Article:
Some people take this shit so seriously, to the point of ridicule, that it really makes me worry about their mental health.

  • 32 1-10-2010 at 12:18 pm

    Big Braveheart said...

    Tom Hardy has to be in the running for a best actor Oscar! Clooney looks to be trying a Cary Grant act and Colin Firth playing a stuck-up posh dramatic role. Surely neither of them gave more to their art than Tom Hardy, who was absolutely incredible and well worthy of the actual award – i think these critics must be blind!!
    Waltz should be a stick-on for best supporting actor based on playing the most slimy, creepy
    and unusual of nazis ever seen on screen.

    Basterds and Locker look like typical best picture films but Avatar ( which i haven’t seen )
    could end up in the mix too.

    TOM HARDY FOR BEST ACTOR!!!!

  • 33 1-10-2010 at 12:50 pm

    Jim said...

    I quite enjoyed that list.

    I don’t understand why they didn’t include the Lead acting though, they might have been quite interesting…

  • 34 1-10-2010 at 12:53 pm

    Megan said...

    Kris, I’ve been worried about my mental health for a long time.

  • 35 1-10-2010 at 1:51 pm

    Craig said...

    I think I’d take Public Enemies over Avatar for best picture, to be honest…

  • 36 1-10-2010 at 2:14 pm

    aspect ratio said...

    We’re all god-damned insane, really.

    Though I have stumbled onto far more insane internet subcultures, so we’ve got a way to go.

  • 37 1-10-2010 at 5:23 pm

    Andrew said...

    These critics cant win. If they trot out the same predictable nominees everyone shoutd boring, if do something different, they’re attacked.

  • 38 1-10-2010 at 8:13 pm

    Princess of Peace said...

    I suppose I am being a bit harsh on Phillips and Scott. They are more intellectual than the two Bens. But I sometimes feel that they need a little more pizzazz.

    When Scott first started writing for The Times I liked him. But lately I don’t like his writing that much. I never really liked Dargis.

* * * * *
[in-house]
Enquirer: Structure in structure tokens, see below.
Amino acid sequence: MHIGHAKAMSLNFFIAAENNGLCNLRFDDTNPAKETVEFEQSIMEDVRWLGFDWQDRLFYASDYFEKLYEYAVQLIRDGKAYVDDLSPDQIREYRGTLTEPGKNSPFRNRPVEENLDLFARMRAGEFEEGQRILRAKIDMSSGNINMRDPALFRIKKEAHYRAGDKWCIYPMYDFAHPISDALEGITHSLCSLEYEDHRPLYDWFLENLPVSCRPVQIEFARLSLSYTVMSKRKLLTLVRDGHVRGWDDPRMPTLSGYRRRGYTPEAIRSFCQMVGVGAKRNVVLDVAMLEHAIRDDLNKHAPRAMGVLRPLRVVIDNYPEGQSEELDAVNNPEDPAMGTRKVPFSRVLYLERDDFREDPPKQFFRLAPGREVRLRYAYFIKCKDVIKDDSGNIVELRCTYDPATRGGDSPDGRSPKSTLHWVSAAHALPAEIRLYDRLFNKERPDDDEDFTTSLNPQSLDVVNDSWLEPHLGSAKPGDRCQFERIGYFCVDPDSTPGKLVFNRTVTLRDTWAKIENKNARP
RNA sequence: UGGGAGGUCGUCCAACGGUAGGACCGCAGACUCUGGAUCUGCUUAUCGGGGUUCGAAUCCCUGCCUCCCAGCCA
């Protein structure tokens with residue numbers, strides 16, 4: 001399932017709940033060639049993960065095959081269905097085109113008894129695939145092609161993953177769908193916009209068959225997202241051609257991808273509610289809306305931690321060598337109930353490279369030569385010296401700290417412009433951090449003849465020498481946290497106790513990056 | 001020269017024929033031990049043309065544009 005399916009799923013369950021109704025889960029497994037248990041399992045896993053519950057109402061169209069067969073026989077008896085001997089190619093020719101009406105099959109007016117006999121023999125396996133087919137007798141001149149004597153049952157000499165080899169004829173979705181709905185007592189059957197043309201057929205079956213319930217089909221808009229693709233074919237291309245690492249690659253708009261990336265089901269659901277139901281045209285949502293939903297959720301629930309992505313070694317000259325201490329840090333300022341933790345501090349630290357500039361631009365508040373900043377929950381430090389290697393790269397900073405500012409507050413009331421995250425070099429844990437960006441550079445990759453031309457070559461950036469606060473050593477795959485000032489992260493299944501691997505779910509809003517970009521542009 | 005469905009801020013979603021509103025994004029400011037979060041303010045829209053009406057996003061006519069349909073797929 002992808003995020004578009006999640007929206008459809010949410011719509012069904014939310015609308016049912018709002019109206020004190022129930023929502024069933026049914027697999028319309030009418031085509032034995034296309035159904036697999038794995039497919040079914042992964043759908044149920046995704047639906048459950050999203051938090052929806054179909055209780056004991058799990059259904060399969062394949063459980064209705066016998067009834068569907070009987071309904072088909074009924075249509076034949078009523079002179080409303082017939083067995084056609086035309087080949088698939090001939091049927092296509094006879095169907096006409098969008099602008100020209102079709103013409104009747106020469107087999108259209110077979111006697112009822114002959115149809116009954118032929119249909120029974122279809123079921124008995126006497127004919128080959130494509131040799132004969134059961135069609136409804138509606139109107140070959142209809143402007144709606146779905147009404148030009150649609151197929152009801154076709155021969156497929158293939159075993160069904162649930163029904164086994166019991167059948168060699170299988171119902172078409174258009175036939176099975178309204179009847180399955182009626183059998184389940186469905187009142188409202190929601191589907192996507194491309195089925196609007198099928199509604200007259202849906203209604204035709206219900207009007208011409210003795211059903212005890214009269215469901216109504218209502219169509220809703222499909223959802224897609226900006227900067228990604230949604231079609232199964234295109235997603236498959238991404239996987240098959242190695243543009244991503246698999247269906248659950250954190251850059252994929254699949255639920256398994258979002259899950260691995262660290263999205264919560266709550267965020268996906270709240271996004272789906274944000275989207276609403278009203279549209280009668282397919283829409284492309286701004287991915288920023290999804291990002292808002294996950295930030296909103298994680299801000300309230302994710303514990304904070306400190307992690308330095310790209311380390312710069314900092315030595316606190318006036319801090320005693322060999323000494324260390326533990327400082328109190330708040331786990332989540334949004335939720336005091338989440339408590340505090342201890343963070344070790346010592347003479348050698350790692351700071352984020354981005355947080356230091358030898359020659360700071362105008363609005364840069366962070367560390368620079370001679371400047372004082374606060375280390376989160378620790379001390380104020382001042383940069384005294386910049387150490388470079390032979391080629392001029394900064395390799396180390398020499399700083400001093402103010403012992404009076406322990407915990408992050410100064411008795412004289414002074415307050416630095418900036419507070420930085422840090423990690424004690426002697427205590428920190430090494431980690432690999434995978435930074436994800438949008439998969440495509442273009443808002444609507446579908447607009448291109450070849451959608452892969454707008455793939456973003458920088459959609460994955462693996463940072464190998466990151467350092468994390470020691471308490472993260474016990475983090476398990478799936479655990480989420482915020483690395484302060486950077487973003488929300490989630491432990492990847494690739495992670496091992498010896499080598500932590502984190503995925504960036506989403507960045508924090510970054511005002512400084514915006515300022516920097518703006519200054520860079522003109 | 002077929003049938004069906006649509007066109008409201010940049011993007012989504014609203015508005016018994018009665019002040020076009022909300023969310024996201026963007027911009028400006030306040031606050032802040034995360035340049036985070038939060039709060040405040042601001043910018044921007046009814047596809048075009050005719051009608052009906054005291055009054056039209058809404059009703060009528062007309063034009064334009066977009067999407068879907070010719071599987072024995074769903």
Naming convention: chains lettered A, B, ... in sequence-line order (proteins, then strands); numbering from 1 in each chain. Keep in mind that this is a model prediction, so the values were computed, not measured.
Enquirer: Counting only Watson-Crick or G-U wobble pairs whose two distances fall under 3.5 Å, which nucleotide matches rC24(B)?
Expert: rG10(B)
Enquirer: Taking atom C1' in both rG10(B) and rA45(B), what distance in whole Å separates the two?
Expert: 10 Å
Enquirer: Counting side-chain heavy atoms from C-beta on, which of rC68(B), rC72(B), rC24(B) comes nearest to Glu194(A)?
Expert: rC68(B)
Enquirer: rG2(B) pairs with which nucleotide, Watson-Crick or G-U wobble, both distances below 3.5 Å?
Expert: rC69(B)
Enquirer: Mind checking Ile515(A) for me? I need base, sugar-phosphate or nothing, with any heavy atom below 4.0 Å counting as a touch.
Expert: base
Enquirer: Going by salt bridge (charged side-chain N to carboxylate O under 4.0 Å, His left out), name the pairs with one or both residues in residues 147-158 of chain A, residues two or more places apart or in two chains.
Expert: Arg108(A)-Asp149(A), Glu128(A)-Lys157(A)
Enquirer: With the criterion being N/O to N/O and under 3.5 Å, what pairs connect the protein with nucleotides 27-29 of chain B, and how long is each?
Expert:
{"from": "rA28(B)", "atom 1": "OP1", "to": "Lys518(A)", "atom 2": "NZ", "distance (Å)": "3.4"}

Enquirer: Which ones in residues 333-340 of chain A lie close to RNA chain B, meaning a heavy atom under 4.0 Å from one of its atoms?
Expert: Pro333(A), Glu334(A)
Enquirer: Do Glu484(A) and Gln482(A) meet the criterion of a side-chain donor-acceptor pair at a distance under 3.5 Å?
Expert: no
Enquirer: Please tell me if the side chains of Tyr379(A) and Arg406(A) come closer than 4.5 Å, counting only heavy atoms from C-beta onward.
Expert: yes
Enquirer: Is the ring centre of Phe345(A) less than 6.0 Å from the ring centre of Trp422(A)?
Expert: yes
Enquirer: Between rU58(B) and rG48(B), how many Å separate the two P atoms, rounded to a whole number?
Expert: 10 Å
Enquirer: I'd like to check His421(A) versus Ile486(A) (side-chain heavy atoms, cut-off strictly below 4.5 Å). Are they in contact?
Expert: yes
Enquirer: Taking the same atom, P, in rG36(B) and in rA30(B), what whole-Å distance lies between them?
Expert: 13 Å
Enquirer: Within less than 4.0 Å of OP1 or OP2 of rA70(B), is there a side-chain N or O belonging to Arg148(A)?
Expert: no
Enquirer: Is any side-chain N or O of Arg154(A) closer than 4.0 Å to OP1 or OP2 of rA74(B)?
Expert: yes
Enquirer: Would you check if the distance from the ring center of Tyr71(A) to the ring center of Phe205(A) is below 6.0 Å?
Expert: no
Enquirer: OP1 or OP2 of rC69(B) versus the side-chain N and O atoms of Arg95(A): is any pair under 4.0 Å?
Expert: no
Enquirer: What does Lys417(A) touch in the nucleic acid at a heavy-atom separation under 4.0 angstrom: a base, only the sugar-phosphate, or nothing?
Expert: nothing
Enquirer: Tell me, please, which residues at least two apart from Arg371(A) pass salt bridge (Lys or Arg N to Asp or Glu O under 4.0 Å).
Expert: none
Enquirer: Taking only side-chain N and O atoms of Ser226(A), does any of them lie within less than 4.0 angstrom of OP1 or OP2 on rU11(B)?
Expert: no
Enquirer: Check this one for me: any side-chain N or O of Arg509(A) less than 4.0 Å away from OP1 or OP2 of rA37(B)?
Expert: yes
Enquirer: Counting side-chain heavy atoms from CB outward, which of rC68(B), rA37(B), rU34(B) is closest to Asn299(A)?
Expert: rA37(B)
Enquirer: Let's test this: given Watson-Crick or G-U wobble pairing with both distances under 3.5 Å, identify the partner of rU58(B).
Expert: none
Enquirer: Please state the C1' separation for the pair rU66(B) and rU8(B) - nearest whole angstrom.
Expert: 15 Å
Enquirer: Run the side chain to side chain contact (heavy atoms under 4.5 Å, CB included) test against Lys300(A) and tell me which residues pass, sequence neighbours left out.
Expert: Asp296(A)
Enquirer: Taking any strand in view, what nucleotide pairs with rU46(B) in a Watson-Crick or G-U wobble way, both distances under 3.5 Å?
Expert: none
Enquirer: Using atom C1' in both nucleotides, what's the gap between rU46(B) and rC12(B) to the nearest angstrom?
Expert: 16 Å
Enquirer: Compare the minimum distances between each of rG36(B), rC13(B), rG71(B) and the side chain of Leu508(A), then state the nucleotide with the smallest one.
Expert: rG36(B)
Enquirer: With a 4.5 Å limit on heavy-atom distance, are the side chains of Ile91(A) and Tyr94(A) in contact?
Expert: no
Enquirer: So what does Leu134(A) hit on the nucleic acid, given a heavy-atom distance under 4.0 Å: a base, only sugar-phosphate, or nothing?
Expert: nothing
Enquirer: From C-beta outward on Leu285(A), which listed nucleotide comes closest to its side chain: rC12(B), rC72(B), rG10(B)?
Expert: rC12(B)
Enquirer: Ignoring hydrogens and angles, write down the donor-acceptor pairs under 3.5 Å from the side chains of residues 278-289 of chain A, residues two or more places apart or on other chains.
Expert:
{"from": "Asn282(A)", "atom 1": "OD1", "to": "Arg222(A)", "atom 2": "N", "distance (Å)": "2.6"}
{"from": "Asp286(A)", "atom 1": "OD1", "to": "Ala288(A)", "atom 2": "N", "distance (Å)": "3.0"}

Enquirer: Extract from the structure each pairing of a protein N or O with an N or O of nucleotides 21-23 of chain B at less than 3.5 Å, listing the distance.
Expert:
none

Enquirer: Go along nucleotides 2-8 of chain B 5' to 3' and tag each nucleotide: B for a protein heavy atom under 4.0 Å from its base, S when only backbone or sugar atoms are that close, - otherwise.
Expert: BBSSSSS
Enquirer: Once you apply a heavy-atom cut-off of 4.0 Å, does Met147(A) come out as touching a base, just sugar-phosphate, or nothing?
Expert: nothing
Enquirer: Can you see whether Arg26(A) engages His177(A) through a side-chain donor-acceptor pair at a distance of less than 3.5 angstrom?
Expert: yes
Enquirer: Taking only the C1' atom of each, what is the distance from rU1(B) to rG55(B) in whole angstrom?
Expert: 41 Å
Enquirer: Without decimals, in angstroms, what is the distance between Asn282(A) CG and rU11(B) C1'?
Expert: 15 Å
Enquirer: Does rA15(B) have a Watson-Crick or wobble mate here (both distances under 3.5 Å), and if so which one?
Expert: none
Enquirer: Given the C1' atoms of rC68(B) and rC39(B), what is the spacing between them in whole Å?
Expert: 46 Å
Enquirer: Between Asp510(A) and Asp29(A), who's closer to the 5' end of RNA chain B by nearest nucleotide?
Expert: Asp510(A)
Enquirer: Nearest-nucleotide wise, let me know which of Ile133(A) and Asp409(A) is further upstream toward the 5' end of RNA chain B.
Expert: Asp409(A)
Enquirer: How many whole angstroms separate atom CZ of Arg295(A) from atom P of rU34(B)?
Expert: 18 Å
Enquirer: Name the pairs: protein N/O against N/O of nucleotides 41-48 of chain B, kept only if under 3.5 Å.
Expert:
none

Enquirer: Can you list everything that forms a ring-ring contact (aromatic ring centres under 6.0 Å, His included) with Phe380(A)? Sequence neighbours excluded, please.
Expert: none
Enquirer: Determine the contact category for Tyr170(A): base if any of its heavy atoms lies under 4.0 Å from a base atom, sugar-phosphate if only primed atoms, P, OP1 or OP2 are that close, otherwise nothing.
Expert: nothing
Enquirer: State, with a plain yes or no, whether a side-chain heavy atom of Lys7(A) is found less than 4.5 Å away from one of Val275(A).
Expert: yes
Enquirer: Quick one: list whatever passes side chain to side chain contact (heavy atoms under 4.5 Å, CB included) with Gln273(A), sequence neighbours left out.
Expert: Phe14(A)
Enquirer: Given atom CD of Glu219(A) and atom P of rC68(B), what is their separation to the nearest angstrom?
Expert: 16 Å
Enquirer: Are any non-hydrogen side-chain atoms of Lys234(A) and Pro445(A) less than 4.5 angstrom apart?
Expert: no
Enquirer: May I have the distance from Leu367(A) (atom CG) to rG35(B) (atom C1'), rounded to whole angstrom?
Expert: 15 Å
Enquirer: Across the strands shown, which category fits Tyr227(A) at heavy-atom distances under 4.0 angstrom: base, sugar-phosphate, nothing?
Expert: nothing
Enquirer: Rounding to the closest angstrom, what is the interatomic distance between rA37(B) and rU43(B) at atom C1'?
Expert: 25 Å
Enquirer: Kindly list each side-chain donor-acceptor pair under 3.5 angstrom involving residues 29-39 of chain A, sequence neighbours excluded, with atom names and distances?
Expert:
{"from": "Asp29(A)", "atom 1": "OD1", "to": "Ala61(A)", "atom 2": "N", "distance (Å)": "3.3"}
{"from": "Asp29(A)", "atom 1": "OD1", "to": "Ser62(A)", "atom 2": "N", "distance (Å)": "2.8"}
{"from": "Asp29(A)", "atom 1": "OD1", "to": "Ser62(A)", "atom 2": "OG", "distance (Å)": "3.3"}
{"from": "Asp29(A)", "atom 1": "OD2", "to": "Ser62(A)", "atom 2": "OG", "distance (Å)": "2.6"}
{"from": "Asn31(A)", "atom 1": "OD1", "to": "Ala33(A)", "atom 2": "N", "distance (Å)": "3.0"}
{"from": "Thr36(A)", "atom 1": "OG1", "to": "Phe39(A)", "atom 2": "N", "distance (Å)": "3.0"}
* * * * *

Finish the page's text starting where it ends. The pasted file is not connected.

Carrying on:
As for critics that I like or have liked when they were reviewing films (regardless of whether I agree with them or not some of them are: Stephen Holden, Roger Ebert, Elvis Mitchell, Elizabeth Weitzman, Jami Bernard, Scott Foundas, the critics at the Onion, Jack Mathews.

    I am really surprised that so many of the critics group went with The Hurt Locker – a film that I thought was good but not great. But, yes, we shouldn’t take all of this too seriously. We all like what we like and that is it.

  • 39 1-10-2010 at 8:31 pm

    Andrew said...

    THL is an interesting phenomenon. A box office failure by any measure. It has had an awards tag (and in this respect a bit of groupthink by critics and commentators, which other small films have not had

  • 40 1-10-2010 at 10:02 pm

    Danny King said...

    I’m still confused by all of the praise for “Funny People”. I had a dreadful time watching that.

  • 41 1-10-2010 at 10:22 pm

    Robert Hamer said...

    “A box office failure by any measure.”

    Since when did making $16 million on an $11 million budget constitute a box office failure “by any measure?” And I know many of you like to tag absurd explanations to why its so universally beloved by critics (though not on a level beyond past critical darlings, so I’m not sure what the fuss is now), but maybe they, oh I don’t know, genuinely like it?

  • 42 1-11-2010 at 3:38 am

    aspect ratio said...

    The Hurt Locker wasn’t a box office failure. It certainly wasn’t a hit either, but considering it came out in the middle of the summer which is generally not the best time for indies, it did well. I think (500) Days of Summer was the only limited release that did better over the summer.

    To it’s advantage is the fact that it’ll be available to rent (or buy) on DVD and Blu-ray this week, so by the time the Oscar nominations come out and considering how few have seen it, it certainly has a lot of potential to do well on the smaller screens.